Clay Humane News

Newsworthy press and public relations

July 1, 2021

Nonprofit Veterinary Clinic Gives Advice to Keep Pets Safe this Independence Day

ORANGE PARK, Fla. – (July 1, 2021) — Clay Humane, a nonprofit veterinary clinic located in Orange Park, is urging animal owners to take a few simple actions to keep pets safe and sound this Fourth of July.

“Independence Day can be an enjoyable and fun time with family and friends cooking outdoors and enjoying fireworks, but a traumatic and even hazardous experience for pets. Blaring noises, new sights and smells can stress and scare pets, causing them to run away and get lost. Fourth of July celebrations and cookouts can also introduce animals to drinks and foods that can cause severe sickness,” said Dr. Christian Broadhurst, senior staff veterinarian at Clay Humane. "By following these few easy tips, pet owners can ensure their pets are protected and happy this Independence Day."

Dr. Broadhurst recommends four tips to keep pets well over the Fourth of July holiday:

  1. Provide a relaxed, peaceful space for animals: Although parties, picnics and fireworks are entertaining for humans, many pets do not want to participate in these activities, and oftentimes these activities stress pets out. The strange noises can alarm pets, causing them to run away. Before the fireworks and celebrations begin, make sure to give your pet lots of exercise. This will help the pet remain calm once the celebrations start. Once the parties begin, place pets in a serene, safe place, such as a crate or bathroom with no windows. Provide your pet with water, food, treats, toys and a comfortable sleeping area to relax in.

    Before the holiday arrives, register your animal’s microchips with your updated contact information. If your pet flees, animals with accurate identification are much more likely to return home.

  2. Personal use fireworks can harm animals: Though at home fireworks can be fun for family and friends, they are not fun for pets. Rockets and sparklers can severely burn animals. Make sure pets are indoors when these items are in use. After the celebration is over, clean up all used and unused items to prevent pets from accidently consuming them, choking on them or becoming sick.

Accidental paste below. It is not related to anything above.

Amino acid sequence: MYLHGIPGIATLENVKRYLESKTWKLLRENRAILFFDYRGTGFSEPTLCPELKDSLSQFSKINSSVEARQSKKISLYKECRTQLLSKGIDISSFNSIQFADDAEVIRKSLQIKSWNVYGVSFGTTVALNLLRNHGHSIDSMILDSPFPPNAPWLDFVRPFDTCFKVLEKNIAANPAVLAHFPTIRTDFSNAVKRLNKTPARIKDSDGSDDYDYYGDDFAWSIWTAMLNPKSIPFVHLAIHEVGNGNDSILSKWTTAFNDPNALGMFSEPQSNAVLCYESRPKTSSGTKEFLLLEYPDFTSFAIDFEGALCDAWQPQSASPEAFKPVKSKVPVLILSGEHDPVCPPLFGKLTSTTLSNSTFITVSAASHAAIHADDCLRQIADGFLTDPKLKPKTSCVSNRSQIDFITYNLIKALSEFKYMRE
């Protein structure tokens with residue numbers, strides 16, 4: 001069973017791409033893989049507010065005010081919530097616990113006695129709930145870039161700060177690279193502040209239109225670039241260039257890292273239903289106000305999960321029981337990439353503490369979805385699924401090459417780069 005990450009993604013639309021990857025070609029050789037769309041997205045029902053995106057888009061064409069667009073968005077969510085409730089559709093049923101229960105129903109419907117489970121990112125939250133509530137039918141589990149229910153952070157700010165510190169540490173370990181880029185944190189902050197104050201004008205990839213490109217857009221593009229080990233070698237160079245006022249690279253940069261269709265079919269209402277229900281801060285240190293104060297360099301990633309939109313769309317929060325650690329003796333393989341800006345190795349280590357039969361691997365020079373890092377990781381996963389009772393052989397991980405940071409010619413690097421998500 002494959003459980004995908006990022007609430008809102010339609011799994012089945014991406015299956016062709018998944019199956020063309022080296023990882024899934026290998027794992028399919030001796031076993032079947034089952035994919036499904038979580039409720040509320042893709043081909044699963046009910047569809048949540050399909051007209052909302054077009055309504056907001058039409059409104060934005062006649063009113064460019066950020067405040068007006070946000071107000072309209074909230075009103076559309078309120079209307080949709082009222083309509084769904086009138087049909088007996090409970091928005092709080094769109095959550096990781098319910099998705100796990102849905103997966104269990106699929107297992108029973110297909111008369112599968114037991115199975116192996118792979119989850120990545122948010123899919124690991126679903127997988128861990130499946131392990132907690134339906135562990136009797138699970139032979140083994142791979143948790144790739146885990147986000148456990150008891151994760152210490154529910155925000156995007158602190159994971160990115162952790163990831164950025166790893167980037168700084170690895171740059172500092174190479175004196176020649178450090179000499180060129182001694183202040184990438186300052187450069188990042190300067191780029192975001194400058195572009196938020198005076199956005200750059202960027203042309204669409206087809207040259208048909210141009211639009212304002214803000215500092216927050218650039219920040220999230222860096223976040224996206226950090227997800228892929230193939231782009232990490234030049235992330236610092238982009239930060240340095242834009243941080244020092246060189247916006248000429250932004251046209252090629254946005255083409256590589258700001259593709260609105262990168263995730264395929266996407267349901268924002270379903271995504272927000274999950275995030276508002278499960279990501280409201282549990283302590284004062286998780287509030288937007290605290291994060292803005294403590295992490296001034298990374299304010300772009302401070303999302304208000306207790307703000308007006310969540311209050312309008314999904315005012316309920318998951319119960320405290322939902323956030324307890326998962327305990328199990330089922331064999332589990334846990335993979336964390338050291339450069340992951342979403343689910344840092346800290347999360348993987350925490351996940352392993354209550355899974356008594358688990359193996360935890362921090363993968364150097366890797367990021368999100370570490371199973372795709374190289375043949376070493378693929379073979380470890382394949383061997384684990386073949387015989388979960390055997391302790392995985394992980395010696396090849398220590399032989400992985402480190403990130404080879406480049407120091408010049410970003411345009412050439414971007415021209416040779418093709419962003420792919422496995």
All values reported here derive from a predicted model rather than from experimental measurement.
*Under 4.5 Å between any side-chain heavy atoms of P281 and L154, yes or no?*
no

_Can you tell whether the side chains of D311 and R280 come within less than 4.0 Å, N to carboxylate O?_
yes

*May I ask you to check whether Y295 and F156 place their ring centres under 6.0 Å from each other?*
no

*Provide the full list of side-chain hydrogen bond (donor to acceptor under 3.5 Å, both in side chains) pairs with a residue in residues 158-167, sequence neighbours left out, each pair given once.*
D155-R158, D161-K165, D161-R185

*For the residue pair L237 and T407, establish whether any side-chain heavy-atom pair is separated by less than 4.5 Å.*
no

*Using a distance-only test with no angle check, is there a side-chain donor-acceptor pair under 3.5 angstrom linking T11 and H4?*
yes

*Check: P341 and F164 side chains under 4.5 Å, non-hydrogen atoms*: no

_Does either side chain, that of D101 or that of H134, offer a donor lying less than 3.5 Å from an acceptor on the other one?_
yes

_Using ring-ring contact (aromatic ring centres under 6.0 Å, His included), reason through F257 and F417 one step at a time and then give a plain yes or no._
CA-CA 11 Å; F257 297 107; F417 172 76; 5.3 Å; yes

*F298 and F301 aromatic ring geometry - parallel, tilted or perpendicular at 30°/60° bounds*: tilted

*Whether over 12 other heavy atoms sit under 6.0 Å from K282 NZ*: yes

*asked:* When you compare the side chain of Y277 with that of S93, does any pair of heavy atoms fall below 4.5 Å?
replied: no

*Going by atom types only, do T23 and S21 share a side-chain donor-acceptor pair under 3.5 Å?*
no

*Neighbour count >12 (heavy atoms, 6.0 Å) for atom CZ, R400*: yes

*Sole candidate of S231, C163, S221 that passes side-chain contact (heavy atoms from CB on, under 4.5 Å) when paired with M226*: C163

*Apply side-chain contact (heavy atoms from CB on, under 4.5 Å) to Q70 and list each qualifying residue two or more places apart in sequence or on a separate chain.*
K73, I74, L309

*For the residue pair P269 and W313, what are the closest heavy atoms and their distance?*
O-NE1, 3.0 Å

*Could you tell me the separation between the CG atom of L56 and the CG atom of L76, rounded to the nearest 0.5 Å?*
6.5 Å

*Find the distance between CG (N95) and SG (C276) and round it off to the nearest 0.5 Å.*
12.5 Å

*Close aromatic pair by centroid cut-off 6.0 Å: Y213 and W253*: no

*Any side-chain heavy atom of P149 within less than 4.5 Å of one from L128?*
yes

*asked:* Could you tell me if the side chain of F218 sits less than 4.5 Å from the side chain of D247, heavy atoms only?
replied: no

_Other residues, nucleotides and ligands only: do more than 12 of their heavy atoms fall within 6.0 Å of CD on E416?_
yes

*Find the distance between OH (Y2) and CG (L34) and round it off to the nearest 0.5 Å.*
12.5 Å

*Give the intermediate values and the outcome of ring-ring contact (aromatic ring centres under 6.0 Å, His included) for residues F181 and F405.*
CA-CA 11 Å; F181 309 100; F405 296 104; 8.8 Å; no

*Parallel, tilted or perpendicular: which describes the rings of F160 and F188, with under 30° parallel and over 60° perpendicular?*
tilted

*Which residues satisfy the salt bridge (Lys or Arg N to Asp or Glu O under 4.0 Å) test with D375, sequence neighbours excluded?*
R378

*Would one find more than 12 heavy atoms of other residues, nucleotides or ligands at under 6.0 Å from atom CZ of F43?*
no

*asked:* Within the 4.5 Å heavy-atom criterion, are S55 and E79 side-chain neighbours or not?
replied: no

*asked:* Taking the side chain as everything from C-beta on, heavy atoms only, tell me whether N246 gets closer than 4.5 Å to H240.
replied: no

3. Avoid alcohol and food poisoning: The smell of grilled foods and sweet drinks may entice your animals, but they can be harmful for pets. Alcoholic beverages can poison or kill pets, so keep these drinks out of reach. Foods like onions, garlic and grapes are toxic to animals. Keep food covered and out of reach when not being consumed. Secure pets away from hot grills. Intrigued dogs and cats may burn themselves trying to access the food on the grill. Cookout materials like lighters, matches and coal should also be kept away from pets.
  4. Know where to go in case of emergency: Research emergency vet clinics near you in case your pet is injured or ingests something harmful. Additionally, make sure you make a list of what to do if your pet goes missing or you find a lost pet. If your pet goes missing or you find a lost pet, call the local shelter in your county:

    Clay County Animal Control (904) 269-6376

    City of Jacksonville Animal Care & Protective Services (904) 630-CITY

    Jacksonville Humane Society (904) 725-8766

    St. Johns County Animal Control (904) 209-6190

    Nassau County Animal Services (904) 530-6150

Media Contact:
Michelle Gilliam
mgilliam@pointtakenpr.com
904.485.6597